They believe, so I understand, that individuals cannot and should not own land. To them, the land (the Earth) is loaned to mankind by the gods; that we are all tenants, travellers passing through; that we have group-rights to use the land, but not to make it "ours"; that when we die, the land should be left healthy for the use of future generations. It's an idea that is attractive, to a point, and that is not wholly divorced from true truth; and until the Europeans came here, thousands of years after they did, it had served them well.

Land had been their prime resource, for all those millenia. They grew to know it, and the plants and creatures it supported, far better than we ever have, or will. Land was the source of life, and so it became sacred, and so, their culture holds, it's entirely improper for anyone to "own" it; it belongs in common to all of mankind. That is, I gather, their earnest belief; and I've seen something similar on the bumpersticker of a White Anglo Saxon Liberal.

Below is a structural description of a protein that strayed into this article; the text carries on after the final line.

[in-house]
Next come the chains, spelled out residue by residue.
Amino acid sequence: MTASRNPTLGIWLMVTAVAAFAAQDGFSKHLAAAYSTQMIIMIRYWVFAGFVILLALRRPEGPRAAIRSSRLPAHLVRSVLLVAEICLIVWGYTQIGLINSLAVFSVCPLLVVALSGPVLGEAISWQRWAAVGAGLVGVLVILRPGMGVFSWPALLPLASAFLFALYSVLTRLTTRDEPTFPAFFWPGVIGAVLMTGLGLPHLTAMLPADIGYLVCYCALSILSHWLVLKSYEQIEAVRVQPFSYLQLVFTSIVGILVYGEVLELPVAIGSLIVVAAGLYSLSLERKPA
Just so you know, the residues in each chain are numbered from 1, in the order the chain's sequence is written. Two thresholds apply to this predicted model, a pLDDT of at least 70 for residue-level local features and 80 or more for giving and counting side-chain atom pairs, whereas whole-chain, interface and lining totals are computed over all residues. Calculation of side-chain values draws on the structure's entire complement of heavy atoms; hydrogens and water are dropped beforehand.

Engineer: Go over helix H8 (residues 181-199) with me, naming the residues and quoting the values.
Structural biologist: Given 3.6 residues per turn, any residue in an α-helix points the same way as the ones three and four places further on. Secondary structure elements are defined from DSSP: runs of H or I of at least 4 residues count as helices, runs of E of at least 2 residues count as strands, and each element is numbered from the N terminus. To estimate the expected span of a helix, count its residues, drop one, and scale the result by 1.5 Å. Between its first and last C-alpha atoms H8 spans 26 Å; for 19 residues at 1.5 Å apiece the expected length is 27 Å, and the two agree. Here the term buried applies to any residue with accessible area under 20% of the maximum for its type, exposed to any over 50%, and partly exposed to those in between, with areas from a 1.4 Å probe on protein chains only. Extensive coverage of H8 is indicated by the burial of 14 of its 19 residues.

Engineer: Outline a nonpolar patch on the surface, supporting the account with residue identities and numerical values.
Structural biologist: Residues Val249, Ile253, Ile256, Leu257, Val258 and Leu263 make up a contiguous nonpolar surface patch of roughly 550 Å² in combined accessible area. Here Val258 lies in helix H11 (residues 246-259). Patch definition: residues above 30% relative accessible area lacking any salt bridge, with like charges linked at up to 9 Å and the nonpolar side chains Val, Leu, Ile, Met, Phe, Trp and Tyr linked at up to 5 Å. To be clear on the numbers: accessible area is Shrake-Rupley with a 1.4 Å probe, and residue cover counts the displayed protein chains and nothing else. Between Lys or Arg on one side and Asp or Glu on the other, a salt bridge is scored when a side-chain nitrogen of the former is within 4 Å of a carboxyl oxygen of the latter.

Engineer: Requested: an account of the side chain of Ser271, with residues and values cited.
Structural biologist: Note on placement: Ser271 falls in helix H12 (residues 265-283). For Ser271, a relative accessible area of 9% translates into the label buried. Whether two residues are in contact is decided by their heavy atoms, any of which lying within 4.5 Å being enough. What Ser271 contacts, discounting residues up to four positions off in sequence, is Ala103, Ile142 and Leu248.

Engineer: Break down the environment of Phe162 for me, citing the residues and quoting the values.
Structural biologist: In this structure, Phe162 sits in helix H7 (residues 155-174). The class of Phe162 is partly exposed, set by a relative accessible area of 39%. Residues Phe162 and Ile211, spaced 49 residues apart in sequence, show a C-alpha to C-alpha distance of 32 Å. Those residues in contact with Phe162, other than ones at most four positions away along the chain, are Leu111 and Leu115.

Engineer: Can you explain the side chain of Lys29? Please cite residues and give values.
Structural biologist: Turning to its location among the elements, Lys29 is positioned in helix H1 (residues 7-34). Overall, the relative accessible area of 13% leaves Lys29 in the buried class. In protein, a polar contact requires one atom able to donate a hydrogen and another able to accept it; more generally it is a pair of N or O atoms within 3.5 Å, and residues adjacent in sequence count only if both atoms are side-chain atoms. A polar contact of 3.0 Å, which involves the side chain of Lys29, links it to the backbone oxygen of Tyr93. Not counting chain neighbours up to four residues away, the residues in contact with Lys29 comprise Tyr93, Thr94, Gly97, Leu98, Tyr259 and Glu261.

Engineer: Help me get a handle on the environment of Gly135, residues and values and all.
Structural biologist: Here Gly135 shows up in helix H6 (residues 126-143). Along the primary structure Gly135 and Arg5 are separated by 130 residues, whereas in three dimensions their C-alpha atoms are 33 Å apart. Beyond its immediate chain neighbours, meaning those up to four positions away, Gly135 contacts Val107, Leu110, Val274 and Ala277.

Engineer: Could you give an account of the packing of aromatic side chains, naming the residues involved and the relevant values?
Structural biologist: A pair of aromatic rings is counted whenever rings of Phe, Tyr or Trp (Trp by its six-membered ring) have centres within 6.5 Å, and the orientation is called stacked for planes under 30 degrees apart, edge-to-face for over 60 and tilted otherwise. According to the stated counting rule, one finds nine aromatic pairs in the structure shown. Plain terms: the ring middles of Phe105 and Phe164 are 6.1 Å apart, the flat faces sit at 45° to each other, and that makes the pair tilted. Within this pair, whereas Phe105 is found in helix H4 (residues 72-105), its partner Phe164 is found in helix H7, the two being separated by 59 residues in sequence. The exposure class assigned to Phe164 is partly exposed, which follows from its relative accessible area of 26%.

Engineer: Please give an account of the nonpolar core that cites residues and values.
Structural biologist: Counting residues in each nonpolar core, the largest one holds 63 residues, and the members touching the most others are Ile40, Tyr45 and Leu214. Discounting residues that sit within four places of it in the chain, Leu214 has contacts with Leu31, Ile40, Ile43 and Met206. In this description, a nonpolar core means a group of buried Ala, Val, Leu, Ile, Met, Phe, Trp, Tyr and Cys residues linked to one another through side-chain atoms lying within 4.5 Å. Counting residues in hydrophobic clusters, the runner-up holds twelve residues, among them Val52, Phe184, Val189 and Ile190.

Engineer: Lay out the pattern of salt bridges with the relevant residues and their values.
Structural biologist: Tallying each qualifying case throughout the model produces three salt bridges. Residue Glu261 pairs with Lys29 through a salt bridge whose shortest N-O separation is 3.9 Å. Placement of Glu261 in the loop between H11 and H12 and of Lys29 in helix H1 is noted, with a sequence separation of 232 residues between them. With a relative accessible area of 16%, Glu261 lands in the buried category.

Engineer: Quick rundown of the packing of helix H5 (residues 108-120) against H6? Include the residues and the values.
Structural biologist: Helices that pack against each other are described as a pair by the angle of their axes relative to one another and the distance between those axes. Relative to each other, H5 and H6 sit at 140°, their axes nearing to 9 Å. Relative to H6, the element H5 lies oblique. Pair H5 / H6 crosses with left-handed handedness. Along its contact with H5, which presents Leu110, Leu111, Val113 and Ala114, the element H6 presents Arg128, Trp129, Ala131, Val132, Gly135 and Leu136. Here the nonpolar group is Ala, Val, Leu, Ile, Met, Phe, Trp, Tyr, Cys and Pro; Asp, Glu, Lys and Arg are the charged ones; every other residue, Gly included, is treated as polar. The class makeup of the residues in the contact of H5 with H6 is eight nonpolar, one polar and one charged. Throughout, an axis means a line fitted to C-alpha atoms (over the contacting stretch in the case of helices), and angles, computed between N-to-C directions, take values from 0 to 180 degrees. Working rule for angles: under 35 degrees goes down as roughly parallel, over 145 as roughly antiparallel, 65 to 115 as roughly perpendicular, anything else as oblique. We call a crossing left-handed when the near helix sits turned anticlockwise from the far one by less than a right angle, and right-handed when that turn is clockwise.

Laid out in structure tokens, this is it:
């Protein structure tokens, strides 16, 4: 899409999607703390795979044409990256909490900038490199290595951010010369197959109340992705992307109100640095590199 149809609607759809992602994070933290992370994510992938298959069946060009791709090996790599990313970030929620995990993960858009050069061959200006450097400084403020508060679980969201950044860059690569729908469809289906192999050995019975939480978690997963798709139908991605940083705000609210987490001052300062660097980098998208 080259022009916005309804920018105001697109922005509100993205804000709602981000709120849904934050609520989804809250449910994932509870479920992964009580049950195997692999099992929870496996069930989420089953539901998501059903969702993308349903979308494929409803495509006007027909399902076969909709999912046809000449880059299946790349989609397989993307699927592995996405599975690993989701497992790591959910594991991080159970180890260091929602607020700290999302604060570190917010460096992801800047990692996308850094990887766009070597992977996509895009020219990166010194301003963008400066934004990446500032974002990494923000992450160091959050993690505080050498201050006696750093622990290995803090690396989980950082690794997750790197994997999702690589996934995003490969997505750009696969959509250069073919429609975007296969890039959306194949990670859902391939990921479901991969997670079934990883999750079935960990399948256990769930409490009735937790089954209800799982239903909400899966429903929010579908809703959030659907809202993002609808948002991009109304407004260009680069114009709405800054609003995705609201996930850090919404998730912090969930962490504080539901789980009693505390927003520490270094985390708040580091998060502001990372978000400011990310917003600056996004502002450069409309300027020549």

While the nomadic Nations failed to learn fixed cultivation, it was too a very useful belief. In order to survive, they had to make use of far more land than they would have needed with modern farming techniques. So it made sense to "share" it. For all that time, it served them well.

Or, did it? For all those thousands of years, they made no progress. They got to know the natural world profoundly, yet they never had the imperative, the need, to do things better. Necessity, we're told, is the mother of invention; by using the ample land and then moving on, the necessity to get smart, and use it more intensively, never arose. Hence, no invention!

The Colonists